The U.K. Home Office said the lost entries related to people who were arrested and then released without further action and no records of criminal or dangerous people had been deleted. Home secretary Priti Patel is now under pressure to explain the mistake, which the opposition Labour party said "presents huge dangers" for public safety.

  • January 2021 Linux Foundation Newsletter: Bootcamp Sale, SolarWinds Orion, New Kubernetes & WebAssembly Classes, LFX Webinar Series
  • How I hijacked the top-level domain of a sovereign state

    Note: This issue has been resolved and the .cd ccTLD no longer sends NS delegations to the compromised domain.

    TL;DR: Imagine what could happen if the country-code top-level domain (ccTLD) of a sovereign state fell into the wrong hands. Here’s how I (@Almroot) bought the domain name used in the NS delegations for the ccTLD of the Democratic Republic of Congo (.cd) and temporarily took over 50% of all DNS traffic for the TLD that could have been exploited for MITM or other abuse.

  • Apple begins blocking M1 Mac users from side loading iPhone and iPad applications

    As a refresher, Apple Silicon Macs allow users to run iOS and iPad applications on their Mac, but developers can opt out of allowing their apps to be installed on the Mac. This is the path that many developers have taken, making the necessary change in App Store Connect to remove their app from the Mac App Store.

    But with that being said, until today, you could manually install iOS apps like Netflix, Instagram, and Facebook on an M1 Mac by using their respective IPA files downloaded under a valid Apple ID. Many people were using tools such as iMazing to complete this process.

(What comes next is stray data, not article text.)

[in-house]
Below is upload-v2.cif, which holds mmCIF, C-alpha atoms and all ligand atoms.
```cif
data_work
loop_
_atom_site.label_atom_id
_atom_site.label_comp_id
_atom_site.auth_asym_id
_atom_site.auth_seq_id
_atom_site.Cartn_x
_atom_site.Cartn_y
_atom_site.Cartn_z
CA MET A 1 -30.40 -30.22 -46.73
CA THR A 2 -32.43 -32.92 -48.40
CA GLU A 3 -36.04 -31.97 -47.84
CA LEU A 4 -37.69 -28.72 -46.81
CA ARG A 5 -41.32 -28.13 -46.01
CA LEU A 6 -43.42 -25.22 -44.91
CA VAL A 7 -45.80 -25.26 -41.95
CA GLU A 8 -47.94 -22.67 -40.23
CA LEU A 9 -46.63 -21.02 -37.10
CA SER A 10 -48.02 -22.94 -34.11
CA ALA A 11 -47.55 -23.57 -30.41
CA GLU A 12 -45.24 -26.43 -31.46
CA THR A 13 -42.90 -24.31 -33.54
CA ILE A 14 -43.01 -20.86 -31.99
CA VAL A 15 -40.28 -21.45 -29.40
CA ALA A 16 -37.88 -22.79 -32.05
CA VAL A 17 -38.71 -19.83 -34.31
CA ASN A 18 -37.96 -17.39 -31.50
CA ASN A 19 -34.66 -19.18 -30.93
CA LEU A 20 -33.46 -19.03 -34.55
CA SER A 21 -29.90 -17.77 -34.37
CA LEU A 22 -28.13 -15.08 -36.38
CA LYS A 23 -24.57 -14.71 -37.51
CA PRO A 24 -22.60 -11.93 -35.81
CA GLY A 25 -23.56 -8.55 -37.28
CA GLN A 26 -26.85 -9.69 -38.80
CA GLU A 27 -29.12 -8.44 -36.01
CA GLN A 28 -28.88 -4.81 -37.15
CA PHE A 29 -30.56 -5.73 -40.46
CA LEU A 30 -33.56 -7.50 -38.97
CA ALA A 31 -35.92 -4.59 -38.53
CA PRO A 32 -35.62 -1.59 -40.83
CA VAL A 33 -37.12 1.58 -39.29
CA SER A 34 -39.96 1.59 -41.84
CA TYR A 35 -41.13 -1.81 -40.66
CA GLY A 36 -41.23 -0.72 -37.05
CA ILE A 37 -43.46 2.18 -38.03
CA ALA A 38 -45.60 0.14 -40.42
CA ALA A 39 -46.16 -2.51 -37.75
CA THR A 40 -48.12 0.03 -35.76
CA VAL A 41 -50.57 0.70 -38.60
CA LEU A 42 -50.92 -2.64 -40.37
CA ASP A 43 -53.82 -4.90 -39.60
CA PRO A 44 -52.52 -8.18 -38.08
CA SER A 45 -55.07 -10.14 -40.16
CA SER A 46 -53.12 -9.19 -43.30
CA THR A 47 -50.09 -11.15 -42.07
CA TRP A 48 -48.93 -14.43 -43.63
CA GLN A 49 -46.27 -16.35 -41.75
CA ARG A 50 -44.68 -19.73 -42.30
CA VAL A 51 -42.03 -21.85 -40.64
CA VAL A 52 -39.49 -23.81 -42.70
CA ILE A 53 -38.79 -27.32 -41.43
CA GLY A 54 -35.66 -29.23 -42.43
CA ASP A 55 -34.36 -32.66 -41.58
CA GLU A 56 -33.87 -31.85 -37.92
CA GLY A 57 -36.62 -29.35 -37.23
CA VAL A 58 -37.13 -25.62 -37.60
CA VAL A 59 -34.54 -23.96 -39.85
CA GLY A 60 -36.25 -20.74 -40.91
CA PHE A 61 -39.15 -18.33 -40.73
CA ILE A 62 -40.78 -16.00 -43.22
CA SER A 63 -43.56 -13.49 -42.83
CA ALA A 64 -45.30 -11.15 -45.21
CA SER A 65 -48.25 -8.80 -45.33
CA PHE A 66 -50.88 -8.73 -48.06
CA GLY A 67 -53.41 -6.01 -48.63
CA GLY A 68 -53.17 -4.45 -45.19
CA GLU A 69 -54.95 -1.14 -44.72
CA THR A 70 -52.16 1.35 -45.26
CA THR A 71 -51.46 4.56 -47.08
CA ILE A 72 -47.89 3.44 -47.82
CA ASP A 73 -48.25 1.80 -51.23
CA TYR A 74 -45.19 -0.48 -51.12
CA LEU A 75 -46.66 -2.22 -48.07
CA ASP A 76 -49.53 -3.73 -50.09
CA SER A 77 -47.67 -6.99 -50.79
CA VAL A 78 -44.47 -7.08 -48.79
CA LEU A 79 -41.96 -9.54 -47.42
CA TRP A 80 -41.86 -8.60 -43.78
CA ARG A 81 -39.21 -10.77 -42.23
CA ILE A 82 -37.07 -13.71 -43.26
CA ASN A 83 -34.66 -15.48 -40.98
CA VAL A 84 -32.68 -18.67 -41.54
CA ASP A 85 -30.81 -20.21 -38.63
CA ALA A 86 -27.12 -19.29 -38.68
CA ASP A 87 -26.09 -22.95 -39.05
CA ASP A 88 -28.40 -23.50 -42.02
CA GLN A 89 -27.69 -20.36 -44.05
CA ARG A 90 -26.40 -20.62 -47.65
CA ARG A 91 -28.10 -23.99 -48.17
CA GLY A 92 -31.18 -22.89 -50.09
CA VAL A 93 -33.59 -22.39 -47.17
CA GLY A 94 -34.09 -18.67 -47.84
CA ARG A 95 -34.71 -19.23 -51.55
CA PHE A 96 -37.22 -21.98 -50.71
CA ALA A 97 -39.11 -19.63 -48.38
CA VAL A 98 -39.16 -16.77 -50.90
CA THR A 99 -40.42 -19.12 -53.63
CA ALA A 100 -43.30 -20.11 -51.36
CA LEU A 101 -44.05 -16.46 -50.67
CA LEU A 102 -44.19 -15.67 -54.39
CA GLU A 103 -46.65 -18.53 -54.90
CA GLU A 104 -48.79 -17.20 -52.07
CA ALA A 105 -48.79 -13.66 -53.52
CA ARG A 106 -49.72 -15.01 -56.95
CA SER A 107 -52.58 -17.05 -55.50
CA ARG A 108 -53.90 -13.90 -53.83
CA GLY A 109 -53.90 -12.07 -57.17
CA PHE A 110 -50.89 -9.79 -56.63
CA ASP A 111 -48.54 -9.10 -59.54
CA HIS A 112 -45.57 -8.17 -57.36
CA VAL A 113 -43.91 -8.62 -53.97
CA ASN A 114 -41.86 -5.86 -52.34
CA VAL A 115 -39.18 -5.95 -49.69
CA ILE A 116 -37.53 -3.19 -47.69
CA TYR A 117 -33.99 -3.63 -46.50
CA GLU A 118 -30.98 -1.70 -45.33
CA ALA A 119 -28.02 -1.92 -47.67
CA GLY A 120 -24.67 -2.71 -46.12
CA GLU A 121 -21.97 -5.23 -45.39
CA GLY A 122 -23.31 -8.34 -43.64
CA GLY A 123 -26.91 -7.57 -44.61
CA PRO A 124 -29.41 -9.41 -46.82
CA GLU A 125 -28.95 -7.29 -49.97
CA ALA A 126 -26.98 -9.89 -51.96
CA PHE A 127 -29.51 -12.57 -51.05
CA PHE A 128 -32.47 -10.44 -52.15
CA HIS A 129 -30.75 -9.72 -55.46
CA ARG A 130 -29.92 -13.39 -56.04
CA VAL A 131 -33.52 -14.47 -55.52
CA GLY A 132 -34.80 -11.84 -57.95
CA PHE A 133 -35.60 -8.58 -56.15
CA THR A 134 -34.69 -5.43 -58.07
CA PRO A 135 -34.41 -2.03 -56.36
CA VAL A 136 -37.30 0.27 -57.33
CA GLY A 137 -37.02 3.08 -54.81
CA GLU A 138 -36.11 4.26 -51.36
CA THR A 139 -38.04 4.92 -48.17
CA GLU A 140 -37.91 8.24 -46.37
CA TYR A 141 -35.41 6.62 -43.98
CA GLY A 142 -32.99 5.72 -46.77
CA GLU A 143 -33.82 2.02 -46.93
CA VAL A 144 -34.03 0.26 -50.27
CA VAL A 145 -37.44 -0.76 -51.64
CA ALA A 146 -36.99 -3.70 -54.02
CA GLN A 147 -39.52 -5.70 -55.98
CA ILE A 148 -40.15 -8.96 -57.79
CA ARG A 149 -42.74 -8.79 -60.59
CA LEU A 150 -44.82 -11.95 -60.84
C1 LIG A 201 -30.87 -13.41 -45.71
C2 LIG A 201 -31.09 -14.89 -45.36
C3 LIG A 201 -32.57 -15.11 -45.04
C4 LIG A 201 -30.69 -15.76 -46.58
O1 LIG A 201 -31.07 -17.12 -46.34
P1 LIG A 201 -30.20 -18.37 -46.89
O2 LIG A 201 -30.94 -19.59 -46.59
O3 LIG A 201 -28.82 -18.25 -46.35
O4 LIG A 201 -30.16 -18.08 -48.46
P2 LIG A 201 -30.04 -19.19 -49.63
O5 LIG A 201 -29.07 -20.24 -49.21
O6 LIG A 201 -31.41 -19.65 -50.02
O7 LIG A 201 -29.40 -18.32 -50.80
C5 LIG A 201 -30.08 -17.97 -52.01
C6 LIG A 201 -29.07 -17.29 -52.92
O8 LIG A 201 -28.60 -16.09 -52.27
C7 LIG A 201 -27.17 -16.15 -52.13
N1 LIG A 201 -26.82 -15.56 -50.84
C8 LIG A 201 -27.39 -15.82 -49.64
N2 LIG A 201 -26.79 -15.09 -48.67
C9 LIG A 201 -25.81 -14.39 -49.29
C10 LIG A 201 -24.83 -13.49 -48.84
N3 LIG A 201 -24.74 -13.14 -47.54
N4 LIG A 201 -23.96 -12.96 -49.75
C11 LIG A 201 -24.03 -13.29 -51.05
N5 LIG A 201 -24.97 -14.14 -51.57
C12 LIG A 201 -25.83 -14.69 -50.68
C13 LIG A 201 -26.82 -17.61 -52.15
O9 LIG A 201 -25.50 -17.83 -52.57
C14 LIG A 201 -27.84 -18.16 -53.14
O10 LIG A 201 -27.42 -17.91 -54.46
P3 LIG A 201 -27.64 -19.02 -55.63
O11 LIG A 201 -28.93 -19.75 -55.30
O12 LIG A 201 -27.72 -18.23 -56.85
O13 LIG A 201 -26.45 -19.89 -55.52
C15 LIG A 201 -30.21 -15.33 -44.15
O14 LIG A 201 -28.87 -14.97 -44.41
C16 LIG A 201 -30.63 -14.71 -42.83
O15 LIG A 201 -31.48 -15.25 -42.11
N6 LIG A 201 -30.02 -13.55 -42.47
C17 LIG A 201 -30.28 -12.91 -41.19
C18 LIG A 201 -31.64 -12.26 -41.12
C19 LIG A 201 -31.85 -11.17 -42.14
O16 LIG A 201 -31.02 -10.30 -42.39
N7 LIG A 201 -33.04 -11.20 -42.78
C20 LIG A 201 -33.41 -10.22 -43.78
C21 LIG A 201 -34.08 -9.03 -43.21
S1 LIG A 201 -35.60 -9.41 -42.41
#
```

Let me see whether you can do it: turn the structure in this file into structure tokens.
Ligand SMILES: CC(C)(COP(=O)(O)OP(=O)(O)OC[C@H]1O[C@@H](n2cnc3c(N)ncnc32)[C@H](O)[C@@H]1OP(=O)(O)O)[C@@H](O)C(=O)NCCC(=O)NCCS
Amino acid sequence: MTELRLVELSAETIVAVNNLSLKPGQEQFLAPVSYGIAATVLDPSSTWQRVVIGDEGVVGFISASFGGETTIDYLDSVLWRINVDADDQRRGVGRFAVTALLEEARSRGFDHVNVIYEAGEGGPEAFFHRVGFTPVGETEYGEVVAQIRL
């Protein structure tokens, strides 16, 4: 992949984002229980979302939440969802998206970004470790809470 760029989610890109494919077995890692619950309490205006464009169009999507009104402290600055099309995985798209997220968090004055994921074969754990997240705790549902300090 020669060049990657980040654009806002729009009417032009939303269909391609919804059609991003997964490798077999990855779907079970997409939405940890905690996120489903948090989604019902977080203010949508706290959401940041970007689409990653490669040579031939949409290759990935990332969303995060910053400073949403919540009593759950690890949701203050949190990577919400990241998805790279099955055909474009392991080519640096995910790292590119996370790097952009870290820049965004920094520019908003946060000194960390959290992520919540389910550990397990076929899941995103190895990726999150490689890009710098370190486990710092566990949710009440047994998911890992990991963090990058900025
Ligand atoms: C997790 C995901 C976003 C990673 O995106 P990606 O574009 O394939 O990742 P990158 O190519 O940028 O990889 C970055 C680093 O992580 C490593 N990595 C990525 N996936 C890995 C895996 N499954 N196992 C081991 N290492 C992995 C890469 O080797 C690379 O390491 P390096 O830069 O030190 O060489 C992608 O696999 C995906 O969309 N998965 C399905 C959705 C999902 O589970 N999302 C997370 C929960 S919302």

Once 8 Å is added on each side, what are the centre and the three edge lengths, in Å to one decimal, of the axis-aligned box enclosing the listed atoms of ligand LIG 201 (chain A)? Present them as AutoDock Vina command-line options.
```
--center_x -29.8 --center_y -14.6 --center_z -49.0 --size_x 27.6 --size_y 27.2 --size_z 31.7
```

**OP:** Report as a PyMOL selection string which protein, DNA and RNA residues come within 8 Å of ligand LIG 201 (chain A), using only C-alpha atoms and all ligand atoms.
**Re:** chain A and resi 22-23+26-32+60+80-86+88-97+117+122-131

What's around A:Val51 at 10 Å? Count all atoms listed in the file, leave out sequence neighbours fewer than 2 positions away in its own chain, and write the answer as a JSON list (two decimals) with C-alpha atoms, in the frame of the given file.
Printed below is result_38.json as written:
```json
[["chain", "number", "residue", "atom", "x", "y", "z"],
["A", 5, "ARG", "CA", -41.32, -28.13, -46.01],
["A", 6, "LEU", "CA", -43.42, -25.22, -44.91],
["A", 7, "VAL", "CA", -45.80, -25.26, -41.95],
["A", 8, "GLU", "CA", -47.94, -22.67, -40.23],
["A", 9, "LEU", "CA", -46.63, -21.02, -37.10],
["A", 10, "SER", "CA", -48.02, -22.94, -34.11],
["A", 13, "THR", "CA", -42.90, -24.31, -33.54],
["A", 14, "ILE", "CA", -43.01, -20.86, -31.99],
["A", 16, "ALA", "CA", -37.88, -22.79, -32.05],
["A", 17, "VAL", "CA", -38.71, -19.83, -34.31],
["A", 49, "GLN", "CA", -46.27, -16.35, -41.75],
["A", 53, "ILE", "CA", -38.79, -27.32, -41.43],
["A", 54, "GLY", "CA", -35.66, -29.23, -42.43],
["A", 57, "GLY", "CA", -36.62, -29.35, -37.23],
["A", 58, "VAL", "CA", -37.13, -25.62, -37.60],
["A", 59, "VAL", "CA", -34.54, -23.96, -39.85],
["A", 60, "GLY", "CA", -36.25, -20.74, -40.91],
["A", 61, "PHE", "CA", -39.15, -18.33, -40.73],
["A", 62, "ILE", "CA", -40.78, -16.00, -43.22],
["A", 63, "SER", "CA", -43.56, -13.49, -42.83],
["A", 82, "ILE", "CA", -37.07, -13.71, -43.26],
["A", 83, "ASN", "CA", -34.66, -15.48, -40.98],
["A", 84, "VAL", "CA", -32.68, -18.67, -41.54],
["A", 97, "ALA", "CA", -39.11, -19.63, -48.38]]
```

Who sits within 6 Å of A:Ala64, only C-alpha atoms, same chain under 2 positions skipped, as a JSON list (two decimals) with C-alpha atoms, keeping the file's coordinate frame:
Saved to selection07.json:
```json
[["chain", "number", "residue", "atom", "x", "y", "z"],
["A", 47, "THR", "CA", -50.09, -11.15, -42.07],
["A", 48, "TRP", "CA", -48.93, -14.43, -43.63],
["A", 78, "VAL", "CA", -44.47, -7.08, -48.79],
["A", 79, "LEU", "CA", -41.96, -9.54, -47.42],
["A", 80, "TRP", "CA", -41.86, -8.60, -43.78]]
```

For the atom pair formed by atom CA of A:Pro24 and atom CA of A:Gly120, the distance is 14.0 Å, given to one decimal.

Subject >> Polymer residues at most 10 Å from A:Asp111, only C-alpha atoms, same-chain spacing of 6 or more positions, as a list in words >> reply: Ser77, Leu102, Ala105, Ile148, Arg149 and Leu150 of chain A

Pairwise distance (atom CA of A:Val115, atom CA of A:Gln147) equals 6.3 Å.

9to5Mac has now confirmed that, starting today, this is no longer possible unless the application is available on the Mac App Store. Apple has flipped the necessary sever-side switch to block iPhone and iPad applications from being installed on Apple Silicon Macs.

  • Apple is blocking Apple Silicon Mac users from sideloading iPhone apps

    Apple has turned off users’ ability to unofficially install iOS apps onto their M1 Macs (via 9to5Mac). While iOS apps are still available in the Mac App Store, many apps, such as Dark Sky and Netflix, don’t have their developer’s approval to be run on macOS. Up until now, there was a workaround that allowed the use of third-party software to install the apps without having to use the Mac App Store, but it seems like Apple has remotely disabled it.

    When we tried to install an unsupported app on an M1 Mac running macOS 11.1, we got an error message saying that we couldn’t install it and should “try again later”. You can see a screenshot at the top of this article.

  • Apple TV Plus Free Subscriptions Extended Again, This Time Through July 2021

    The tech giant is extending the free-access period for Apple TV Plus customers who have signed up through its 12-month free subscription offer through July 2021. That’s after it had previously pushed that gratis period to February. So if you were among the first to take the one-year-free deal back in November 2019, that’s turned into 21 months free of Apple TV Plus.

  • Spotify Enters Settlement Talks With PRO Music Rights Founder Jake P. Noch